Kevin: And so, hearing these companies story and both sides of the story, we always say this One person can’t serve two masters. And so, my role is to come in 80% psychology, if you will, comedy leading the way is to come in and play that role temporarily and then put numbers between two people that make sense for them to work better. And we help educate them on what those structures can look like and the professionals who can help put it in place and what our role would be.
Dave: Let’s talk about, switch gears a little bit about maybe a little sensitive topic, but how do you promote the entrepreneurial spirit in a company among the employees? You know, specifically the key employees and any words of wisdom?
Dave: I’m sure you do.
Kevin: Yes, it-
Dave: And I don’t been for a loss of words yet, have you?
Kevin: I know. I know. It’s a never have been. I would say this, it depends on what the end goal is. So if the end goal is to bring somebody on as a partner, is not to give them equity right away, but to give them a choice and say, Hey, we’re gonna do a compensation package that in the future, gives us a way for you to onboard, has some protections against you working hard and increasing the value of the business and then having to buy us out. So, has some protections in place for that, has a solution for, What if you don’t want to buy it into the future?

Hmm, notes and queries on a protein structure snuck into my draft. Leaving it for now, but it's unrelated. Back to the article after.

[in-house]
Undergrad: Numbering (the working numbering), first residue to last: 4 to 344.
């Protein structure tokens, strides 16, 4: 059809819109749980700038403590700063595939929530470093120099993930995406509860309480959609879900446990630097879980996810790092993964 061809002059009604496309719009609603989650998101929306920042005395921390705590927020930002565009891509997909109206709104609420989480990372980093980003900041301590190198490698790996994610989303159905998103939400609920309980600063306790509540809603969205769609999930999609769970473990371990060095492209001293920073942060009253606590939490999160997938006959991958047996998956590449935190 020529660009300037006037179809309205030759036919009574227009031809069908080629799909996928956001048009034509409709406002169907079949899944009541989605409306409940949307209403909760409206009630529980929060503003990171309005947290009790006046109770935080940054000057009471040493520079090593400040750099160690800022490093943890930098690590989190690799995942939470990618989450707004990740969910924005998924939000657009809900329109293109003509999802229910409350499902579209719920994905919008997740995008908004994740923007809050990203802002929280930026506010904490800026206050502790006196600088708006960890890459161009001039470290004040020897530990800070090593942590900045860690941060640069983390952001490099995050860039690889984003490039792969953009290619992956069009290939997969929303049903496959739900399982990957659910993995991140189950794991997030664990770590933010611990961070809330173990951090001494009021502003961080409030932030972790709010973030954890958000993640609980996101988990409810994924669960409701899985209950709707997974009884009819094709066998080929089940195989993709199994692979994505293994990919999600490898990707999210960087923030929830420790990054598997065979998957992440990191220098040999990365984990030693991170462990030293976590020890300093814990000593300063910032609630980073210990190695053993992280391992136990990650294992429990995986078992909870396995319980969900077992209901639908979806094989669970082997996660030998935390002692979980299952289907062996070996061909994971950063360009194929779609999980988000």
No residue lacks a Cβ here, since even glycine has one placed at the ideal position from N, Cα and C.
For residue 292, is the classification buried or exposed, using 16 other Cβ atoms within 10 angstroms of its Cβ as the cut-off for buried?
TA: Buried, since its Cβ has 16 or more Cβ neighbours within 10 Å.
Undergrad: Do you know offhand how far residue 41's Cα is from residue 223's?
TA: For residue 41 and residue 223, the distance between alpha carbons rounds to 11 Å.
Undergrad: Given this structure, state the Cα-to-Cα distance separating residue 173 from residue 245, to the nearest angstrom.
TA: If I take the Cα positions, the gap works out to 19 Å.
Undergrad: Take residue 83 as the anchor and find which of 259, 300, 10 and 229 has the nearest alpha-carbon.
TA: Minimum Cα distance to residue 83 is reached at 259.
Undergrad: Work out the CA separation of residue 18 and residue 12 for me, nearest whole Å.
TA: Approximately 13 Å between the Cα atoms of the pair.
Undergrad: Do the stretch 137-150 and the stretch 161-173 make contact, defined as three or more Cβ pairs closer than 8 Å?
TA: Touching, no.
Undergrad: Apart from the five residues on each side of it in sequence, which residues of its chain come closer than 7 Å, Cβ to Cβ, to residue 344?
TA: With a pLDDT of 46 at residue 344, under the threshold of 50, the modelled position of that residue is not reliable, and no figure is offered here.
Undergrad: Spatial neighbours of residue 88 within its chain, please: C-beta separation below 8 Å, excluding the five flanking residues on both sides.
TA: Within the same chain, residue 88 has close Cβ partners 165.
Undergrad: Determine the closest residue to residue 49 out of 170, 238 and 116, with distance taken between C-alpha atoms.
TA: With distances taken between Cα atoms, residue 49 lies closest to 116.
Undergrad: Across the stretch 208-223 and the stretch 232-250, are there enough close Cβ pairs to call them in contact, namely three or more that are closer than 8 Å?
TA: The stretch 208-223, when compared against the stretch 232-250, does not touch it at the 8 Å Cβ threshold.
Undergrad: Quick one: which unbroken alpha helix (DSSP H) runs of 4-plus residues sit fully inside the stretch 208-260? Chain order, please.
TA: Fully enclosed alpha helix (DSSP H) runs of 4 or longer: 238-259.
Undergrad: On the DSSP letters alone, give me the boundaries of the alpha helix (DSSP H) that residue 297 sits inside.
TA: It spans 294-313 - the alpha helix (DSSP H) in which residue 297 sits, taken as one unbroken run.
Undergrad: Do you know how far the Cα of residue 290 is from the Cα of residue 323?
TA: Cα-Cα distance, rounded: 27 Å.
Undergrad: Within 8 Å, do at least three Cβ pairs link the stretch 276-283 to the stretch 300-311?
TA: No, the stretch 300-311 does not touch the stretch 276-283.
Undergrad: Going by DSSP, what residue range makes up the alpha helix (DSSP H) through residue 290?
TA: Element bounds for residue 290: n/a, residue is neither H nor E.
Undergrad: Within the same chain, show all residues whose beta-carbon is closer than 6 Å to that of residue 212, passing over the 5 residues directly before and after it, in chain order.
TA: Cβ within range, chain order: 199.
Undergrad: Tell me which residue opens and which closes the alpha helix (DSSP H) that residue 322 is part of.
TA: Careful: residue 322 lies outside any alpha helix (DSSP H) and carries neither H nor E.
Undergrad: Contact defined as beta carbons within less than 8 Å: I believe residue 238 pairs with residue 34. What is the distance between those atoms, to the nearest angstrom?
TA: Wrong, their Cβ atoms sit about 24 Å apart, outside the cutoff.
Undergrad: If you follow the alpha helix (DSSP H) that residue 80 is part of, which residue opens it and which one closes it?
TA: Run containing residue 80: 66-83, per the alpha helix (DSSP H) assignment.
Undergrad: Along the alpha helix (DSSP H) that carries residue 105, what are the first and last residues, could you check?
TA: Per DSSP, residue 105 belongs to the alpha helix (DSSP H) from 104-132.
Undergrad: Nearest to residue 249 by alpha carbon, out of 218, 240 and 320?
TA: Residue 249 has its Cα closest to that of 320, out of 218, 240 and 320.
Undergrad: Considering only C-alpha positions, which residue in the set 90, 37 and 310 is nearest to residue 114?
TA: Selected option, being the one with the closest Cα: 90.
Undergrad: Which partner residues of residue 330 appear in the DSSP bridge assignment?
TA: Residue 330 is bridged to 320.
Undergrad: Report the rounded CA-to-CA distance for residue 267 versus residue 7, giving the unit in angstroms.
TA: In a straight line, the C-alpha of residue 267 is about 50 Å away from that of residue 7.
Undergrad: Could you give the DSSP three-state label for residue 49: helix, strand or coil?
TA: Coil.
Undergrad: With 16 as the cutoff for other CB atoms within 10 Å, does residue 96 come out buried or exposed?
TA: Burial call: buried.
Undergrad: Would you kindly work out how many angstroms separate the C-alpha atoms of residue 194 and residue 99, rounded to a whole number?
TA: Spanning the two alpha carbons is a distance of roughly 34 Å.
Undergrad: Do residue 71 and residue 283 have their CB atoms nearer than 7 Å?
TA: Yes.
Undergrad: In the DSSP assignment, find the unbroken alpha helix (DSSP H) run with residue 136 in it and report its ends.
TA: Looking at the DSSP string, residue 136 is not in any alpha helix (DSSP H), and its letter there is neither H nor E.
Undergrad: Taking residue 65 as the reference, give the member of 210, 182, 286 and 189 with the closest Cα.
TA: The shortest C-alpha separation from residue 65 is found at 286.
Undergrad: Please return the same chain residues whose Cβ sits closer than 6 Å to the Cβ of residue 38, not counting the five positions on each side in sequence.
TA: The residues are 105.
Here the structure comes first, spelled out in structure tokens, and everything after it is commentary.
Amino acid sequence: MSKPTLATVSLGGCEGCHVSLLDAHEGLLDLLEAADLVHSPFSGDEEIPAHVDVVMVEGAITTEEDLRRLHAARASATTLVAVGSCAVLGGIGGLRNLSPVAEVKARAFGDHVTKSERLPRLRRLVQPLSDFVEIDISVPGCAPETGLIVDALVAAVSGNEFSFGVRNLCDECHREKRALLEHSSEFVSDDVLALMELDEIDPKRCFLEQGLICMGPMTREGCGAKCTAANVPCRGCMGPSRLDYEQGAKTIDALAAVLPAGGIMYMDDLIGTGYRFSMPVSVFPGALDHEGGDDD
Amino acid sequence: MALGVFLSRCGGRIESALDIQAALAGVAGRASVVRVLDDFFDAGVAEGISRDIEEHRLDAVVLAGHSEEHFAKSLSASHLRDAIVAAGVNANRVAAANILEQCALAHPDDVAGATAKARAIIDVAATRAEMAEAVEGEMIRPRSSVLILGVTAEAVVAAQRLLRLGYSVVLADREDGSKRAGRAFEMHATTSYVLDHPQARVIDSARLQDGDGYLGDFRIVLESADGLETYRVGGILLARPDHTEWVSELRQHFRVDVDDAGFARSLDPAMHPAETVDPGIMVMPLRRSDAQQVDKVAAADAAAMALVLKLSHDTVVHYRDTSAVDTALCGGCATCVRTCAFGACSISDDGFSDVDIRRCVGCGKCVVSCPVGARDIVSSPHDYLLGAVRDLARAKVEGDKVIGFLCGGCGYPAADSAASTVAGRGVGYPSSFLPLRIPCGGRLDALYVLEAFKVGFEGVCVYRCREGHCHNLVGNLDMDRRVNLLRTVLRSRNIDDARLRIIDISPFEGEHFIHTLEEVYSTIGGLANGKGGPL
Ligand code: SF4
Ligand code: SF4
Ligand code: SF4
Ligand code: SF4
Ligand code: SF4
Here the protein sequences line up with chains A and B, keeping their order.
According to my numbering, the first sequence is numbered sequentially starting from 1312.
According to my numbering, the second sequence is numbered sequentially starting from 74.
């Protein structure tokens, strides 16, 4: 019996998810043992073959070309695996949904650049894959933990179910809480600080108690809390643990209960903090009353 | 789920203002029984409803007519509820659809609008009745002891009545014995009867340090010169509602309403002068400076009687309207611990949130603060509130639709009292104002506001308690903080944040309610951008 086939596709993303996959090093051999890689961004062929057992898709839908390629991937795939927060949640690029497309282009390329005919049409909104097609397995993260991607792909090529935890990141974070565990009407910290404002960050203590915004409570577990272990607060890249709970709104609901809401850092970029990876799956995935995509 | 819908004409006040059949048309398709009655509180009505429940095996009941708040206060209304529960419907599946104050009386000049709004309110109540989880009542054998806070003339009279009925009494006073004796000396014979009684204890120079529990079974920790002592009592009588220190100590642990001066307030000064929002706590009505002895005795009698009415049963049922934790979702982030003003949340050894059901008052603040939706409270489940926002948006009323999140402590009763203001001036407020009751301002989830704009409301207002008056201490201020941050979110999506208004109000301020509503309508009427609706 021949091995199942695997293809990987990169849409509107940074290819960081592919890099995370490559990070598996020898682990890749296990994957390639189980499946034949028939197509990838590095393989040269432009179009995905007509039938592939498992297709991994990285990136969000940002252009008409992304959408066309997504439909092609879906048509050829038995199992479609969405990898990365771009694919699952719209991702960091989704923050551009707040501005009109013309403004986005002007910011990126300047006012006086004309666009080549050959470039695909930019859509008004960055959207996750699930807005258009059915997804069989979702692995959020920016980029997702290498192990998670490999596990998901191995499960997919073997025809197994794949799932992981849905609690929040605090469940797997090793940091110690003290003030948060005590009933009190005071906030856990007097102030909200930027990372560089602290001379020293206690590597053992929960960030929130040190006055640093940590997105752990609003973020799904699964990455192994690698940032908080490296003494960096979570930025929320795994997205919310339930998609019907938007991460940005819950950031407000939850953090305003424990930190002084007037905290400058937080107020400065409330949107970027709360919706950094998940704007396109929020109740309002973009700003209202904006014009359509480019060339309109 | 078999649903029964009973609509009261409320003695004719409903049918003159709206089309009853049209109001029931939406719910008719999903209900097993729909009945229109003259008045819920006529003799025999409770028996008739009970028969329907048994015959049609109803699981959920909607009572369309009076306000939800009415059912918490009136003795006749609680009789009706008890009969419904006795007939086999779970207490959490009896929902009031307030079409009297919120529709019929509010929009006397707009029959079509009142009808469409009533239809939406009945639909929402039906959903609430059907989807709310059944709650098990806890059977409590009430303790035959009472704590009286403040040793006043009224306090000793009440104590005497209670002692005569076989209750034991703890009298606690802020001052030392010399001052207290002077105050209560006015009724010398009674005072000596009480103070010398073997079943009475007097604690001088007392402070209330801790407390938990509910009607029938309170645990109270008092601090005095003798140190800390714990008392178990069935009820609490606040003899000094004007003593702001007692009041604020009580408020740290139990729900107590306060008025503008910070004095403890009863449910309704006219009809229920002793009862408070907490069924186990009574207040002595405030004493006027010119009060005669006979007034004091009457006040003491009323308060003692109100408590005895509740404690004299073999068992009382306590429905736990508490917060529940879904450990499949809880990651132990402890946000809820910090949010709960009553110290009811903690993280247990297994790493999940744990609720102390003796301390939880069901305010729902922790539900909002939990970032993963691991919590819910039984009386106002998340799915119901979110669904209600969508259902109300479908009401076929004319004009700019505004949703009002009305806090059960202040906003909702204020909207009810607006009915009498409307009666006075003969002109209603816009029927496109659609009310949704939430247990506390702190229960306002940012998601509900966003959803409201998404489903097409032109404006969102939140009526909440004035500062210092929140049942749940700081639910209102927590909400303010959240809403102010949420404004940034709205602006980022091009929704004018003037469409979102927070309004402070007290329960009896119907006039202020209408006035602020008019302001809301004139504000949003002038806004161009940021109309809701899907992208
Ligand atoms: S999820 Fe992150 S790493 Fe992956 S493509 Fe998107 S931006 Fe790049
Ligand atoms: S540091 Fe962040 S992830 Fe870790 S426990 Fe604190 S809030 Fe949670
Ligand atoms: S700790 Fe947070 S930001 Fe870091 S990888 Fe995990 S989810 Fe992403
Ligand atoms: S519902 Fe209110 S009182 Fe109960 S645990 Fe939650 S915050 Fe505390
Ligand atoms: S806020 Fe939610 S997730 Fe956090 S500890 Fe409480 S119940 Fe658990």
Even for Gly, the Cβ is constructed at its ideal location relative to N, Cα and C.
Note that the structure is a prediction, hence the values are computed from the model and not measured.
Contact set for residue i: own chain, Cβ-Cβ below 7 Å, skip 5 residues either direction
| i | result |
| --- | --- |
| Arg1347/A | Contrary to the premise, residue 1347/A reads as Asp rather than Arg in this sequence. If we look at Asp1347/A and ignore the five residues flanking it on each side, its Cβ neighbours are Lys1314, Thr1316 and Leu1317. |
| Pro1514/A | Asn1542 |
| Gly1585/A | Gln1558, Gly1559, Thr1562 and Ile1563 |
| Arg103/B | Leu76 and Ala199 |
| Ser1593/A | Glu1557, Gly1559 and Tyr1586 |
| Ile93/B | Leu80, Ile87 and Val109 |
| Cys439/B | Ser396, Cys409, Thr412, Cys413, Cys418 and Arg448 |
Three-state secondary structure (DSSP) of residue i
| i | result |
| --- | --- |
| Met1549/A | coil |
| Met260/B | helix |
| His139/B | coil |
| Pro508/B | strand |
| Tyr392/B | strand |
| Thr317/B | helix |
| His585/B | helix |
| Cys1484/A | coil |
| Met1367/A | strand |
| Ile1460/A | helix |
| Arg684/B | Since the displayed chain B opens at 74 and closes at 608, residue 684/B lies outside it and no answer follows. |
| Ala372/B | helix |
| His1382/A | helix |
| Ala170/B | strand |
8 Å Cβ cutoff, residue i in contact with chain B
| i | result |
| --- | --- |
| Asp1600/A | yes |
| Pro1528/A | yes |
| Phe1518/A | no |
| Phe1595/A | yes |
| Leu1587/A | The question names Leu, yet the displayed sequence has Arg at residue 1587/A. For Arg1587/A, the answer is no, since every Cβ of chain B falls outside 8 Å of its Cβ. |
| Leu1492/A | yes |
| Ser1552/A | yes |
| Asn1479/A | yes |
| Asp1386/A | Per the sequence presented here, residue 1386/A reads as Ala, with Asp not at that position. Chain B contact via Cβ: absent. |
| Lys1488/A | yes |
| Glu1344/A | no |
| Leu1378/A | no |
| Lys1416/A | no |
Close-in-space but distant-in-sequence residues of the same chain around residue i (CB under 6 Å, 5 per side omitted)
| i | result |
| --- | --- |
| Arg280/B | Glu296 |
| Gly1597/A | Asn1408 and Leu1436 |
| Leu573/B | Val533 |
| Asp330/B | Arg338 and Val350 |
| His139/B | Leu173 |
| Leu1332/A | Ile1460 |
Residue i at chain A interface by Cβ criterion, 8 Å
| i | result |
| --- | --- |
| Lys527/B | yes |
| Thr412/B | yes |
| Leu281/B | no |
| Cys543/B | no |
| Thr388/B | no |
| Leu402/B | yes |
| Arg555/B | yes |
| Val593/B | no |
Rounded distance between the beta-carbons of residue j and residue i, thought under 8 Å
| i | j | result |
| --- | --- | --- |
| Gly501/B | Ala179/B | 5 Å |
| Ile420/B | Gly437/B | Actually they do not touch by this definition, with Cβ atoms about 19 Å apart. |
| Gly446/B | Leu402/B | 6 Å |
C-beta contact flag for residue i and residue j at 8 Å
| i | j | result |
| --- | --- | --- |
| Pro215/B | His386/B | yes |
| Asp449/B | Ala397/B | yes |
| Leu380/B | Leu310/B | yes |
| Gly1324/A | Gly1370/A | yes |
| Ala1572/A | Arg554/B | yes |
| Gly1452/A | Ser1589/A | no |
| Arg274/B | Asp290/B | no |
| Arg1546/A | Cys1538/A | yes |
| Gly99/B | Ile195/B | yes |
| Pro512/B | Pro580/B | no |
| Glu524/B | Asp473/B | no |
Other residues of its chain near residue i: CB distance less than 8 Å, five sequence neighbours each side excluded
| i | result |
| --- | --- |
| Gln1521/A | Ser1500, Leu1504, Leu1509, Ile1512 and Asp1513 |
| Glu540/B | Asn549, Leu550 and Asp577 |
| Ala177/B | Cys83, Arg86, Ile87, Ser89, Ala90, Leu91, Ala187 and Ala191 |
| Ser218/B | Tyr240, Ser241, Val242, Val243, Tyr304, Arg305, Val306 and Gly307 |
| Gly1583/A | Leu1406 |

Kevin: What if you’re in the magazine or newspaper industry and the industry looks like it’s going to go away in the future and you don’t want to buy in, what’s fair for everybody? And how do you position that to a key employee so that everybody can be on the same page, can be incentivized, and if things don’t turn out the way everybody wants? And it could be from the business owner side, who needs to make a tough decision and fire somebody or on the employee side and freewill is still exists.
Kevin: So, you can have a Golden Handcuff in place, but Freewill still is out there. If they do leave, that everybody knows where they stand and it was fair during the time and we can only make the best decisions today, so that in the future we can position ourselves if we have to make great … If everything comes true or if we have to make tough decisions.